Christopher Lee • Euro–Actor

{short description of image}By the author of this new authorised screen history of Christopher Lee, published by Reynolds & Hearn on February 28 2001.
You can order it from amazon.co.uk

Lee's Vaudeville schemer with Dany Carel in The Hands of Orlac

A Shivers feature by Jonathan Rigby

Selected from Shivers #87

On Wednesday 21st January 1959, C H B ‘Willy’ Williamson of To-Day’s Cinema ran into the 36-year-old Christopher Lee at the opening of a Jermyn Street nightclub. Lee, Willy informed his readers two days later, ‘goes from one film to another and [his] only regret is that with current demands he cannot be in two or three places at the same time. He told me his fan mail has become worldwide since Dracula, but many who write are intelligent and send interesting letters.’

Lee was aware that the impact of Dracula had been so great it had left casting directors in just as much of a quandary about how best to ‘play’ him as they had been when he was unknown. How do you follow a 500-year-old vampire Count? One answer was, of course, ‘With another vampire Count’. Lee resisted reprising Dracula himself until 1965, but when offered an Italian comedy in the spring of 1959 called Tempi duri per i vampiri (Hard Times for Vampires) he saw no harm in accepting, provided that his character was clearly signposted as Baron Roderigo de Braumfürten. The film is significant not only as an indication that Lee’s vampire persona could retain its demonic power even in a lighthearted context, but also as a forerunner of Lee’s prolific Continental engagements during the 1960s.

Known in English-speaking territories as Uncle Was a Vampire, Tempi duri was directed by comedy specialist Stefano Vanzina, popularly known as Steno, and starred the pint-sized singer-comedian Renato Rascel. The film is graced with wall-to-wall bathing beauties and lusciously coloured UltraScope photography by Marco Scarpelli, but the humour fails to translate.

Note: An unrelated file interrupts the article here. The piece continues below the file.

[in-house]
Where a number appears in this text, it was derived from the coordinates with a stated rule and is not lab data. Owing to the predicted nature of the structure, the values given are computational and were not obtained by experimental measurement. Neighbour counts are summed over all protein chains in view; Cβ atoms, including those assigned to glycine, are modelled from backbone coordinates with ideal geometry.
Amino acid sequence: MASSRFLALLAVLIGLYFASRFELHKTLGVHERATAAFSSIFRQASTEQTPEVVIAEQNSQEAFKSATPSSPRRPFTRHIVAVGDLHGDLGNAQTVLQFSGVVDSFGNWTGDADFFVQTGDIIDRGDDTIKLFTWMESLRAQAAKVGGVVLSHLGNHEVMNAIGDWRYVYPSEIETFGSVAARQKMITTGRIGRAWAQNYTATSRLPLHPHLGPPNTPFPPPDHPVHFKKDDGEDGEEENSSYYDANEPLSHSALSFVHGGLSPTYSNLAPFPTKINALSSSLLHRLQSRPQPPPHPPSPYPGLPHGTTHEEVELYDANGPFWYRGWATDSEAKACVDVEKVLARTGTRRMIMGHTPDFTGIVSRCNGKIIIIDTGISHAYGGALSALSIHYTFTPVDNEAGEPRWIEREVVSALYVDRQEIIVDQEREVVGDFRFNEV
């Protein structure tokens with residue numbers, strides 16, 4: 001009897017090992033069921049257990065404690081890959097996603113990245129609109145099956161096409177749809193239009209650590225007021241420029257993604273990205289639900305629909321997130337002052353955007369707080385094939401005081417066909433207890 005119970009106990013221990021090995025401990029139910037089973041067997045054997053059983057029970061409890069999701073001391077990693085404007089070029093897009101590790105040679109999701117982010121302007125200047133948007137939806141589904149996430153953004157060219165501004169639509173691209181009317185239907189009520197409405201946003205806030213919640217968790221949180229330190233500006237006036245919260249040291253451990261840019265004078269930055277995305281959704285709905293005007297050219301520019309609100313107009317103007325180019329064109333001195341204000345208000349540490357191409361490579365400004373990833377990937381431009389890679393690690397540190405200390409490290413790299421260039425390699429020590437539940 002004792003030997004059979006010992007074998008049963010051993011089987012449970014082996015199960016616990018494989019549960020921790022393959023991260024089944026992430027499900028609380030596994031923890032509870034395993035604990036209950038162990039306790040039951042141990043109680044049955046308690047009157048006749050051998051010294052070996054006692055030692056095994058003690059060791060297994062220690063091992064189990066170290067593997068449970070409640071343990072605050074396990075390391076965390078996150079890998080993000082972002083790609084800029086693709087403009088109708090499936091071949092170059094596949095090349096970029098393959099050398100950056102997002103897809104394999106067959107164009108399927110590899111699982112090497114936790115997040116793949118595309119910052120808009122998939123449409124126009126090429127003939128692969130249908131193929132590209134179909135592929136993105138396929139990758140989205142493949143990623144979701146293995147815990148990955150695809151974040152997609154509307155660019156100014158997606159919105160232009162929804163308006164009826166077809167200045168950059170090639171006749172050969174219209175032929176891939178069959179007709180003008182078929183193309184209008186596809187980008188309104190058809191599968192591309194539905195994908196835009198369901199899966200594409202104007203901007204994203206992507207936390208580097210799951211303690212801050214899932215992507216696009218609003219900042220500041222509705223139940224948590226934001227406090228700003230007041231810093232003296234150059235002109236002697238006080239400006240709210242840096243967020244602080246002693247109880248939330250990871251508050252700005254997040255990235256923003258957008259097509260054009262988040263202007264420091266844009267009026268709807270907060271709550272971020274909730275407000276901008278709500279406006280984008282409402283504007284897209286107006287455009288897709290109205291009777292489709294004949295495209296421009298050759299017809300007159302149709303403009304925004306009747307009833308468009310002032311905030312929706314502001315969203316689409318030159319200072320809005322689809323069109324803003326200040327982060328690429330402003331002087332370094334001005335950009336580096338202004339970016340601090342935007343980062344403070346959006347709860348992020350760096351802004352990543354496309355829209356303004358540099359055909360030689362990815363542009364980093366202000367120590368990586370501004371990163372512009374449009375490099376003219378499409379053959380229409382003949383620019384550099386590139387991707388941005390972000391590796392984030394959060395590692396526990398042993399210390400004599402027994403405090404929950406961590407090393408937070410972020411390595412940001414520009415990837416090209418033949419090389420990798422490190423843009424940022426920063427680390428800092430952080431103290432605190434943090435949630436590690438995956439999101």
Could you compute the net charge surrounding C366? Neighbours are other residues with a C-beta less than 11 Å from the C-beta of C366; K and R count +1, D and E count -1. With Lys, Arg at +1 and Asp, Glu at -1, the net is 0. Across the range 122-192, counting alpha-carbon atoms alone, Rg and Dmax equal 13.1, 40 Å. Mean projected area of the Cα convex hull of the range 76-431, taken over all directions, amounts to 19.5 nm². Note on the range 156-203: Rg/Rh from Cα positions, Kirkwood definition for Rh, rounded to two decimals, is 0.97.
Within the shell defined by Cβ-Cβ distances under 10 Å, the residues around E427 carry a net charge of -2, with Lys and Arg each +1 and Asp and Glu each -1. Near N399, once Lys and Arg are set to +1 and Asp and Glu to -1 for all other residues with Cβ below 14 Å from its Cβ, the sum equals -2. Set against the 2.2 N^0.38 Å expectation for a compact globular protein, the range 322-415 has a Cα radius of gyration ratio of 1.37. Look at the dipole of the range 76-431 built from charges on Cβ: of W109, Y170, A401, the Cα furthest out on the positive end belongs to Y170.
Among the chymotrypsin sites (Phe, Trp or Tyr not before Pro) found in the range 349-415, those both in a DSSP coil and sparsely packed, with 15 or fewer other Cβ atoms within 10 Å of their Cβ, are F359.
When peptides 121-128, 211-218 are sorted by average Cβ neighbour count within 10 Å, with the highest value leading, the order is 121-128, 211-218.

Christopher Lee in Tempi Duri...Lee looks magnificent, however, as a vampire subtly different from Dracula: much more gaunt, sporting significantly bigger fangs, ashen-faced, jet-black hair plastered to his skull and with the red flanges of his cloak swept dramatically over each shoulder. Lee’s Dracula wouldn’t surrender to a red-lined cloak until Dracula Prince of Darkness, and there are many pre-echoes of that film and its sequels in Lee’s performance, too. Less happily, the Italian predilection for not bothering to use live sound means that the viewer has to watch Lee while listening to someone else entirely.

In spring 1960, Lee appeared in the first of several of his pictures that would be made in two languages. The Hands of Orlac – or, to French audiences, Les mains d’Orlac – was entrusted to Beat Girl director Edmond T Gréville. Production started on the French Riviera on 16 May and extended to 17 July, divided between Shepperton and the Studios de la Victorine in Nice. Though much slicker, Orlac is cut from much the same cloth as Beat Girl, sharing a similarly glacial monochrome ‘look’, a similar sleazy environment and Lee as the chief sleazemonger.

The result is somewhat bland, landed with a mere ‘A’ certificate in the UK and lacking the wild, hallucinatory edge common to previous screen versions of Maurice Renard’s famous novel. But it looks gorgeous and contains one of Lee’s most engaging performances – as Nero, a spiv-like burlesque illusionist dubbed ‘le Roi du mystère’.

Assembled at Shepperton, various distinguished British thespians dutifully mouthed their lines in French for the ‘version Française’ but were dubbed in post-production. Not so Lee and the film’s stolid American leading man, Mel Ferrer, who filmed at Nice as well as Shepperton and whose French dialogue is preserved in Les mains d’Orlac. “I think my performance in French,” Lee observed, “was probably far better than the one in English because I could do more with the language.” Lee’s French performance does indeed have a touch more brio, gestural as well as vocal, but in either version he cuts a splendidly hateful figure. [The Hands of Orlac was covered in full in Shivers # 62...]

Jonathan Rigby analyzes Lee's susbsequent European films including La cripta e l'incubo / Crypt of Horror and La frusta e il corpo / The Whip and the Body in the full version of this article in Shivers #87

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Feature © Visual Imagination Ltd 2001. Not for reproduction